Nightmare Xmas a dream in 3D

Nightmare Xmas a dream in 3D

On Friday October 22nd, 1993 a charming little Touchstone Pictures movie came to my town with the ostentatious title of “Tim Burton’s The Nightmare Before Christmas.”

You should recall that, in 1993, Tim Burton was not the Gothic Godfather that he is today. Admittedly, he’d had moderate success with off-beat movies like “Pee-Wee’s Big Adventure,” “Beetlejuice,” and “Edward Scissorhands.” He also had solid box office success with the dark and quirky “Batman” movies starring Michael Keaton. But it would be 12 more years before his name would be tied to the title of another movie, 2005’s stop-motion movie “Tim Burton’s Corpse Bride.”

I remember the original viewing date because it was my birthday. My wife knew that I was a fan of all the above-mentioned movies and treated me to a viewing of my favorite director’s newest movie. I instantly fell in love with almost every element of the visually engaging stop-motion animated movie.

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Guest reviewer/blogger Randall Reeves is a former film/video/TV producer-writer-co-host now living in New Mexico.

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For those unfamiliar with the story, the extremely dead, yet dapperly skeletal Jack Skellington has mastered his holiday so much that he has earned the title of the King of Halloween. But mastery of this holiday no longer thrills Jack. On a long and thoughtful walk he wanders into a place where doors to all the holidays exist. By chance, he opens a door that sucks him into all the glitter and glee that is Christmas Town. Finding this new holiday joyful and rewarding, like his Halloween used to be, Jack Skellington endeavors to take over Christmas and make it his very own.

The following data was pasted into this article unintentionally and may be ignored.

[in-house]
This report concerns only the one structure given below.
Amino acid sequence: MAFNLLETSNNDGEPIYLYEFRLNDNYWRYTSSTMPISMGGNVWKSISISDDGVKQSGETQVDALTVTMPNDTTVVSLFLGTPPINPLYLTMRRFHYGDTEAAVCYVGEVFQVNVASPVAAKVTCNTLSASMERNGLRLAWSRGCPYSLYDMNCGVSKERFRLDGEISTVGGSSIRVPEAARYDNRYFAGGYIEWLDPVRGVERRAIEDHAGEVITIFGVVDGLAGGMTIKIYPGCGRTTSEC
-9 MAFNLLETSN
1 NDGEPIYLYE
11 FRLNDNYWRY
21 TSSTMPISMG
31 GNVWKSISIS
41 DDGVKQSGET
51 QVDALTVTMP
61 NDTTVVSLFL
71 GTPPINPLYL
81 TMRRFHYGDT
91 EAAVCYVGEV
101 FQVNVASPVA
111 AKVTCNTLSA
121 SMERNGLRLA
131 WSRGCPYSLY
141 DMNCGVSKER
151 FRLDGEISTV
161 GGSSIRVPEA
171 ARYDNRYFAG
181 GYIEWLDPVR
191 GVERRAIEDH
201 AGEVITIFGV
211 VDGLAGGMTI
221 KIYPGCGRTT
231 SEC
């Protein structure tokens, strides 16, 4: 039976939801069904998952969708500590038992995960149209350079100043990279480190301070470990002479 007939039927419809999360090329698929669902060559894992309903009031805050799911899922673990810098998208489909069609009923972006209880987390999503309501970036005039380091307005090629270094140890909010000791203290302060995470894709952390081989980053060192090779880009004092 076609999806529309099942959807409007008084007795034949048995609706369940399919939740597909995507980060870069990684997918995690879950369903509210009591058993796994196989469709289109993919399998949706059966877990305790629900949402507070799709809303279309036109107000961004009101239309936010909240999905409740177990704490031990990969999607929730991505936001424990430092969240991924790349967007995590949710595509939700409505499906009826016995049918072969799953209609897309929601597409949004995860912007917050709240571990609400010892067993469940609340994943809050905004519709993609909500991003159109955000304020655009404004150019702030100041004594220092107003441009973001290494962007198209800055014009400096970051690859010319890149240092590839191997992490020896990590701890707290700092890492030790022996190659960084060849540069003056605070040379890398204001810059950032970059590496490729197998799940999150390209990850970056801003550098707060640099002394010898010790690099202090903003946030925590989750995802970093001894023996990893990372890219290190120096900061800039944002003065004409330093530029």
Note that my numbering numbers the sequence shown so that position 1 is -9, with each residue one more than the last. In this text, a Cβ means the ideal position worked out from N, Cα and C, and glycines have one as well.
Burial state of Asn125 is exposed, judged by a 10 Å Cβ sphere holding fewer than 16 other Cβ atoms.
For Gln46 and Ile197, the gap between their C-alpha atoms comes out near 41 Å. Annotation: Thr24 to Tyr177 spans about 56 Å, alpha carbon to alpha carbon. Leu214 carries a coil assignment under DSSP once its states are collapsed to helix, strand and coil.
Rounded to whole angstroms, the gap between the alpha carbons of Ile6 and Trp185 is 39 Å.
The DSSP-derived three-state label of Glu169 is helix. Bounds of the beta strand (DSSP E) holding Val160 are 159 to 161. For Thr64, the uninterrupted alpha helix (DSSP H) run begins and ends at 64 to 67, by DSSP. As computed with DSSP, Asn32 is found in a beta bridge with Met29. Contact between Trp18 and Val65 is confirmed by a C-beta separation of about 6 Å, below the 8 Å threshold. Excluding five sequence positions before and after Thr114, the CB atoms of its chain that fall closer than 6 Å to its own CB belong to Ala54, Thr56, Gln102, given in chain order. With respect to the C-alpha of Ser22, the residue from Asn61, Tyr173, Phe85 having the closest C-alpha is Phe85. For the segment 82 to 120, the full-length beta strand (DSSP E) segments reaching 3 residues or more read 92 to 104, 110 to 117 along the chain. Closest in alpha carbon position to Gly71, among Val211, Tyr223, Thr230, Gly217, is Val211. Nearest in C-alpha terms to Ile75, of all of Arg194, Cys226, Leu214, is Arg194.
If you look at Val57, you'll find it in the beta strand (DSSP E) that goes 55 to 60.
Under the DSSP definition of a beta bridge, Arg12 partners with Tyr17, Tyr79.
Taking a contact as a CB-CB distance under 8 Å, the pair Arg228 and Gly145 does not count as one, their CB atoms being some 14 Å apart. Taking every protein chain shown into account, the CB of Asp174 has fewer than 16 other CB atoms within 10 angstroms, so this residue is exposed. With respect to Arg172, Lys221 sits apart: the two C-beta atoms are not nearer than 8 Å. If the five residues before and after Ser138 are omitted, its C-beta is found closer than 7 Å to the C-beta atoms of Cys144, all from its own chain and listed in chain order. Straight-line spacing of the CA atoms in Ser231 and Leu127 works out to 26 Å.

The story borrows heavily from “Dr. Seuss’ The Grinch That Stole Christmas,” the classic Rankin-Bass stop-motion movies, and the entire horror genre. It also borrows from the time Tim Burton spent with drawing all sorts of clearly non-Disney characters while attending California Institute of the Arts. In fact, the main characters, Jack Skellington, his rag-doll girlfriend Sally, and Jack’s faithful and ghostly dog Zero were all created almost 10 years before the release date, while Tim Burton was still attending Cal Arts.

The sets appear to be carved into the soft ground like a sharp pencil in clay. The set pieces seem impossibly balanced with no concern for gravity or accessibility. The characters are rightfully nightmarish, including a blue behemoth, an entire corpse family, mummified children, werewolves, vampires, and a buggy burlap bad guy named Oogie Boogie. Yet all the characters are as love-able as they are frightening.

As soon as the movie became available on the little seen LaserDisc format, I purchased it. As soon as it became available on the antiquated VHS format, I purchased it. As soon as it became available on the waning DVD format, I purchased it. When Disney released the movie in its digital 3D format in 2006, I went to the theatre to enjoy it all over again.